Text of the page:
The youth of Stoke are aiming to bridge the gap between young and old by spreading the love in the community.
Whanake Youth’s after-school group has been running a series of ‘random acts of kindness’ for term three with a goal to empower young people to become more involved in their community.
NMIT student social worker Lauren Penney, who is on placement at Whanake Youth, is organising the project.
She says their first gesture of making chocolate crackle treats and leaving them on the doorsteps of local businesses was a big hit.
“Everyone came back with thank you notes or came in personally to thank us,” she says.
They also baked and decorated cupcakes for the SPCA’s Cupcake Day and sold them in the community. Altogether they raised more than $100 for the Nelson centre.
Making rags from old clothing for Helping Families Nelson was another gesture, and their final random act of kindness was creating artwork on the windows of the Stoke Library on Monday morning.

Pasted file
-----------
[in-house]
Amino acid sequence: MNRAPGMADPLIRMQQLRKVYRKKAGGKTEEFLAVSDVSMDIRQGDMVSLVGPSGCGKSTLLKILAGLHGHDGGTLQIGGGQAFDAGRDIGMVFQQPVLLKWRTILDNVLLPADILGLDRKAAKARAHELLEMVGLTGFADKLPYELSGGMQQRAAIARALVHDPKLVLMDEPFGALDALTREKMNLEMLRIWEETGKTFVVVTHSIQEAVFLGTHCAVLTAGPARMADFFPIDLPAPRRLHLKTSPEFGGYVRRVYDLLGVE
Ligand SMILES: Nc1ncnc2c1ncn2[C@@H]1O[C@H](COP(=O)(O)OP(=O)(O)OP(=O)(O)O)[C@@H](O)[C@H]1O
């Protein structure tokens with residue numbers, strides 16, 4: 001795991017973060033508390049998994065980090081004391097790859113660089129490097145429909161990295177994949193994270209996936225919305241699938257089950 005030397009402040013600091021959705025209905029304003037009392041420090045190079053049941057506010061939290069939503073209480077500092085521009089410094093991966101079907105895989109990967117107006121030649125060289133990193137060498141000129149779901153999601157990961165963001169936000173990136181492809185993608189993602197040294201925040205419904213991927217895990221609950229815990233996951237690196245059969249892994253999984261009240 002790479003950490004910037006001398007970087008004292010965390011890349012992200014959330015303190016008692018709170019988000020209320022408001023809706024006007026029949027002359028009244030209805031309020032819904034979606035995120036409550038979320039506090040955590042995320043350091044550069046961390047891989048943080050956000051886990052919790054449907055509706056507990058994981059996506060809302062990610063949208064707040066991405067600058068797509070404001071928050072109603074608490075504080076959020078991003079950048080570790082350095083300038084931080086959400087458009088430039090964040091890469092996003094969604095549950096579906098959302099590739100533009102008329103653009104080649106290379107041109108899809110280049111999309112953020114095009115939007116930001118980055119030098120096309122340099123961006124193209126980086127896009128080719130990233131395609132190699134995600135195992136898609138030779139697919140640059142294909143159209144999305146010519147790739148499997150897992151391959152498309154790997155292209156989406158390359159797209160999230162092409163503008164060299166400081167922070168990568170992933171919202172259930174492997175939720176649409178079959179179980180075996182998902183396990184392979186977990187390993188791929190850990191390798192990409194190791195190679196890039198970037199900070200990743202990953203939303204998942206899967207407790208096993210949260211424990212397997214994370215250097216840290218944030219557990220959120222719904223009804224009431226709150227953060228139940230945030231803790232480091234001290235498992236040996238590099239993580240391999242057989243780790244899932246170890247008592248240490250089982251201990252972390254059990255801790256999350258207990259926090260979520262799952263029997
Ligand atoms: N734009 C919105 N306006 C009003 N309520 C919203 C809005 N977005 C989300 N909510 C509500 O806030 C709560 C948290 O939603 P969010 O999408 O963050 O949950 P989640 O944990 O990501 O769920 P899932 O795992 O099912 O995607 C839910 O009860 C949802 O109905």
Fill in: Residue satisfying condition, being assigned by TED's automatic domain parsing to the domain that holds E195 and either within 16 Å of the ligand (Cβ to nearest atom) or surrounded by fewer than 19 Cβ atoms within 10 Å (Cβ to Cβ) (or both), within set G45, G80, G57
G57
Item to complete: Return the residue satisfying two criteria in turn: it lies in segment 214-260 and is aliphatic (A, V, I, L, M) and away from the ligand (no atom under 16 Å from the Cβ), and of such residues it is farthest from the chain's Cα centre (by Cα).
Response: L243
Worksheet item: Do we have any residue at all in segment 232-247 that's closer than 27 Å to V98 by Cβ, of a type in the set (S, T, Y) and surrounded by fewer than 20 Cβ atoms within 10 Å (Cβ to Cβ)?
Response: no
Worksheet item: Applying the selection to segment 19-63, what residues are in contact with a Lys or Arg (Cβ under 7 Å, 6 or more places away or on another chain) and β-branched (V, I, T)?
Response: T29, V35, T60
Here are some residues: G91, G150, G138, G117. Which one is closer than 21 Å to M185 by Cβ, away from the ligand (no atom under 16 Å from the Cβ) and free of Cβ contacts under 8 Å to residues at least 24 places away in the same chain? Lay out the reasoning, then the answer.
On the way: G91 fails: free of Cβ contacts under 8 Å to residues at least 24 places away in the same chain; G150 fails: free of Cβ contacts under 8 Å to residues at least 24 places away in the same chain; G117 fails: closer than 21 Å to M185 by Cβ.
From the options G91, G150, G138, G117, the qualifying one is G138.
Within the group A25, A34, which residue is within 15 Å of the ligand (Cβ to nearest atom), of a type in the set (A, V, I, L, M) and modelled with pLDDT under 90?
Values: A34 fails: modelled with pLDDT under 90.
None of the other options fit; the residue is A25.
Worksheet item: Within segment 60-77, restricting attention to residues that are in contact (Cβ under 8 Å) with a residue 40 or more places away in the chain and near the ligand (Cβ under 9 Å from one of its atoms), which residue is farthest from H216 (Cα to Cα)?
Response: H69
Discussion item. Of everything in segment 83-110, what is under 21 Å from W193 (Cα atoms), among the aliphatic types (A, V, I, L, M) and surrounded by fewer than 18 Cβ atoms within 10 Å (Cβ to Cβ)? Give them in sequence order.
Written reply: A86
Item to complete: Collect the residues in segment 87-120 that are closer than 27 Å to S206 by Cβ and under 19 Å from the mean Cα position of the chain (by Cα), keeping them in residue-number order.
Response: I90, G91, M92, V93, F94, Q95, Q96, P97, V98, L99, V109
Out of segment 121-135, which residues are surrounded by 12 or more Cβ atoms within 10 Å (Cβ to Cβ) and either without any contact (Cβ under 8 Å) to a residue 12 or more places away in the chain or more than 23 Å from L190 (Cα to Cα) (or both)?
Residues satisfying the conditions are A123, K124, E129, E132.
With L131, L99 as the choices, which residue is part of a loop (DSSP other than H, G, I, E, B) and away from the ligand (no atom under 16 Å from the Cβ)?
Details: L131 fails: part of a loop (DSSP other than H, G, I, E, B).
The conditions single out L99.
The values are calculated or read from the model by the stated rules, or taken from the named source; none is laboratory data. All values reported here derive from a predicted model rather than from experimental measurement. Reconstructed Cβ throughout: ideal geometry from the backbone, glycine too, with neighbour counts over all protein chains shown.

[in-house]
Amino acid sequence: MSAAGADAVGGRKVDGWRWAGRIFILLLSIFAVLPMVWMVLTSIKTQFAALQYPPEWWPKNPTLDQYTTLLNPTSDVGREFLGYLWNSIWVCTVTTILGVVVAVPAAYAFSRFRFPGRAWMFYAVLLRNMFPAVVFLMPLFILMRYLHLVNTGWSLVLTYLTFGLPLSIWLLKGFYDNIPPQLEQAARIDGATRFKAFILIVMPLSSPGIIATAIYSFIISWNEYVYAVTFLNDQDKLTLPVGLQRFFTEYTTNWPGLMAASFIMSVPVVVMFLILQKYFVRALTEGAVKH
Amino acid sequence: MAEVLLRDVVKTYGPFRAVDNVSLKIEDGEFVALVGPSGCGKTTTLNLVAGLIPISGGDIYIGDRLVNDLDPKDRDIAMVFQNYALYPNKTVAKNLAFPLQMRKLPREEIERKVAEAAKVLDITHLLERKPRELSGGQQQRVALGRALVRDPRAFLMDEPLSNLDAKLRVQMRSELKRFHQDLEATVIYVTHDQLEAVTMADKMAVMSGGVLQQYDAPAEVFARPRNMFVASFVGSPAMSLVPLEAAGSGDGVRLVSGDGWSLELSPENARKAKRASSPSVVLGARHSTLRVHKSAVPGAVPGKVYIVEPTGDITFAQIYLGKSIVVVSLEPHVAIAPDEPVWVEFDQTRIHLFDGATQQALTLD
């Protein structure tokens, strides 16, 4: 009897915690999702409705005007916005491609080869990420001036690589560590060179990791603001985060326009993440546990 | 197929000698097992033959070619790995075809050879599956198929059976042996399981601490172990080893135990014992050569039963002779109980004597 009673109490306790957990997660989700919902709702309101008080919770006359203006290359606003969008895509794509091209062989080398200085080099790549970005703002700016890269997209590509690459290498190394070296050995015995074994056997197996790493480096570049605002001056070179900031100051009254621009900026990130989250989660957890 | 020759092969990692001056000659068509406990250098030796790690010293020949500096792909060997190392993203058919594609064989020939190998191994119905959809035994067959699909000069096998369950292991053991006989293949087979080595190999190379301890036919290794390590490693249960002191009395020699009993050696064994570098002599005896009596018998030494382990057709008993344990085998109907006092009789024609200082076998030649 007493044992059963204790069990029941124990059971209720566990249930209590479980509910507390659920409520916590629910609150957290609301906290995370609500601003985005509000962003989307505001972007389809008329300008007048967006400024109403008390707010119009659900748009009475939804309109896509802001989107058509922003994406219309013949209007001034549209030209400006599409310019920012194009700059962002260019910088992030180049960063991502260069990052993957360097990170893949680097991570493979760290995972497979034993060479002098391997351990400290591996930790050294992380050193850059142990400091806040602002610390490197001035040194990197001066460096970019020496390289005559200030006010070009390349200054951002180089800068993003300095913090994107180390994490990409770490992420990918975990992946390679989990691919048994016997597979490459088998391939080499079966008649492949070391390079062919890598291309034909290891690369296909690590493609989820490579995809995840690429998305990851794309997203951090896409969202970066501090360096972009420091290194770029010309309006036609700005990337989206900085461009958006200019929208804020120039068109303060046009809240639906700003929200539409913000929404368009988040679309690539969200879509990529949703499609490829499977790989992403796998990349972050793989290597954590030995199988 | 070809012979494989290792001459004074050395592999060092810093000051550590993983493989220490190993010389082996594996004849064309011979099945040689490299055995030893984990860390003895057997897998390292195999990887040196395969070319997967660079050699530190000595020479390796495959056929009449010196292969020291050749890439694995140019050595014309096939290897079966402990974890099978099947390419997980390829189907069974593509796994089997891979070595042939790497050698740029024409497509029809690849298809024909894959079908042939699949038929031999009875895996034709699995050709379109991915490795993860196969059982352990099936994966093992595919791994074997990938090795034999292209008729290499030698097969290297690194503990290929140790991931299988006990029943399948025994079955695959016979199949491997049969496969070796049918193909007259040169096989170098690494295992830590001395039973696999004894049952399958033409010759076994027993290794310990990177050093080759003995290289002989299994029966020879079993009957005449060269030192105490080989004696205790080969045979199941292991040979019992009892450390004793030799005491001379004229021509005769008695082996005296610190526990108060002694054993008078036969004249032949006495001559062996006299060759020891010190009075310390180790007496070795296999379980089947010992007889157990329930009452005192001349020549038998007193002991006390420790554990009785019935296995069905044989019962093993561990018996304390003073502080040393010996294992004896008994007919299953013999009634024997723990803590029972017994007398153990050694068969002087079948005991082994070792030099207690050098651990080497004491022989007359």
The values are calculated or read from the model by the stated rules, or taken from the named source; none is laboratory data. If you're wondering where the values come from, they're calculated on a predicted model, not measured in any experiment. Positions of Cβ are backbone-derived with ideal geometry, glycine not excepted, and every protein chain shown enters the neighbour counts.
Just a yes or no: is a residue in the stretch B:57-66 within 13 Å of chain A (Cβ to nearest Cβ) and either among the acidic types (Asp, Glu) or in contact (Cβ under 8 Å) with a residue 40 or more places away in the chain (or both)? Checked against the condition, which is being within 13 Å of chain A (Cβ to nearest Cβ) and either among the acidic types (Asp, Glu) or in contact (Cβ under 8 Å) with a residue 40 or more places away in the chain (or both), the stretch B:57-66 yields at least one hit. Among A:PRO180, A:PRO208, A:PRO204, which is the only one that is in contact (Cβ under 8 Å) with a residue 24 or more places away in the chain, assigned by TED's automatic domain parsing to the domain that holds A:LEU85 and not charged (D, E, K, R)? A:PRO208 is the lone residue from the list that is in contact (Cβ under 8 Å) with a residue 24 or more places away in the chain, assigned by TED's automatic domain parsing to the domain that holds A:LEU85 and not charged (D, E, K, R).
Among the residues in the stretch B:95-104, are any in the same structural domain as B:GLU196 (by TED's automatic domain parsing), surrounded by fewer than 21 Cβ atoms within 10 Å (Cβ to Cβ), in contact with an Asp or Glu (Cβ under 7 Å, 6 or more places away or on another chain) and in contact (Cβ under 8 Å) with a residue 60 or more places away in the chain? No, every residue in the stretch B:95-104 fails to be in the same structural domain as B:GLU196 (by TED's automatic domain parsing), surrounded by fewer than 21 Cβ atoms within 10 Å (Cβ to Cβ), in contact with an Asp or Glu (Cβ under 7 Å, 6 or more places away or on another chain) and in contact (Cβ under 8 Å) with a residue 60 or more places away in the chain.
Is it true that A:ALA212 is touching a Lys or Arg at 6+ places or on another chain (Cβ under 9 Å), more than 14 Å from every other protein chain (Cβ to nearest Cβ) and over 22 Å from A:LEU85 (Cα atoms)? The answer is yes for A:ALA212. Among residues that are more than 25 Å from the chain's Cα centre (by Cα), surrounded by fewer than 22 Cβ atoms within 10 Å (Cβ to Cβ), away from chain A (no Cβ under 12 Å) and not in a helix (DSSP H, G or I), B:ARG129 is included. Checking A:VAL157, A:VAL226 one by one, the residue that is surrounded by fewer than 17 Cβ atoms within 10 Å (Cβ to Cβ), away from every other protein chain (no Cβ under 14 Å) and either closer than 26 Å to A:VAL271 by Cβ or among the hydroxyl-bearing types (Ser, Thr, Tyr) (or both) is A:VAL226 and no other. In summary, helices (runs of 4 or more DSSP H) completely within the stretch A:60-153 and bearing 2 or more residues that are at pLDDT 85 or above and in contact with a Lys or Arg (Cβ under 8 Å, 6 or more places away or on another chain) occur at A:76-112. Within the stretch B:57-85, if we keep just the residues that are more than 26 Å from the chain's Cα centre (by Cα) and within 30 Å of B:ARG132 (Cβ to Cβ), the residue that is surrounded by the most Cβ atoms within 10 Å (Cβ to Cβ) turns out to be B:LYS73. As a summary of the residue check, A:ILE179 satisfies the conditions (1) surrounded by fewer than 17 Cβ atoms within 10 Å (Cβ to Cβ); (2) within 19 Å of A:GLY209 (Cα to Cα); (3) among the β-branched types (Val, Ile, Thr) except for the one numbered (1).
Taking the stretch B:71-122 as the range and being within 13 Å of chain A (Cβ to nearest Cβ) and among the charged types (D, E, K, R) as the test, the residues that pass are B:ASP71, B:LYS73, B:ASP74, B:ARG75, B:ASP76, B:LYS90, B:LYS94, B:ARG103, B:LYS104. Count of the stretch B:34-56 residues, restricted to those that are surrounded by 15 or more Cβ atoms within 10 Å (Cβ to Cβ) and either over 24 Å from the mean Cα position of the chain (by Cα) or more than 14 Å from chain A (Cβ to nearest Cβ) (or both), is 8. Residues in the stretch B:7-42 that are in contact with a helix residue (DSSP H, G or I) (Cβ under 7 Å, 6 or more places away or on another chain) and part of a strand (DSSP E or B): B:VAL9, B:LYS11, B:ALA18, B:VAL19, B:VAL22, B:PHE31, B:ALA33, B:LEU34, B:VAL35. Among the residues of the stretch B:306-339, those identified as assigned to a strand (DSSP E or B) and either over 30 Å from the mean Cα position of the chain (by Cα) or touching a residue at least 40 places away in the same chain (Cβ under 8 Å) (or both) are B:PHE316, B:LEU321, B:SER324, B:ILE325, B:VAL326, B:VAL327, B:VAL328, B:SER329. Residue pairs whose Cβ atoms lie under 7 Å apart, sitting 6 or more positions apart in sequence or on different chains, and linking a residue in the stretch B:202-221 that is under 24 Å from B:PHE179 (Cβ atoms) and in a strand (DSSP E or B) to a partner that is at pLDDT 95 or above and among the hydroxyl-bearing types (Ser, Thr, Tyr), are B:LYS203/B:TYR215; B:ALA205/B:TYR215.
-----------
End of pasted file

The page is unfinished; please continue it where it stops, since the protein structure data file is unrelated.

“We’re trying to show Stoke that we’re doing positive things in the community,” says Lauren.
“The young people came up with all the ideas and spent about a month planning what they wanted to do. It’s been a good way for them to show off their talents and skills.”
Jacob Wealleans, 14, says the best thing about the series was “meeting new people in the community”.
Based in Strawbridge Square, Whanake Youth is a charity aiming to support youth in the region with their journey through adolescence into adulthood.
They run after-school groups every Wednesday afternoon for youth aged between 13 and 25.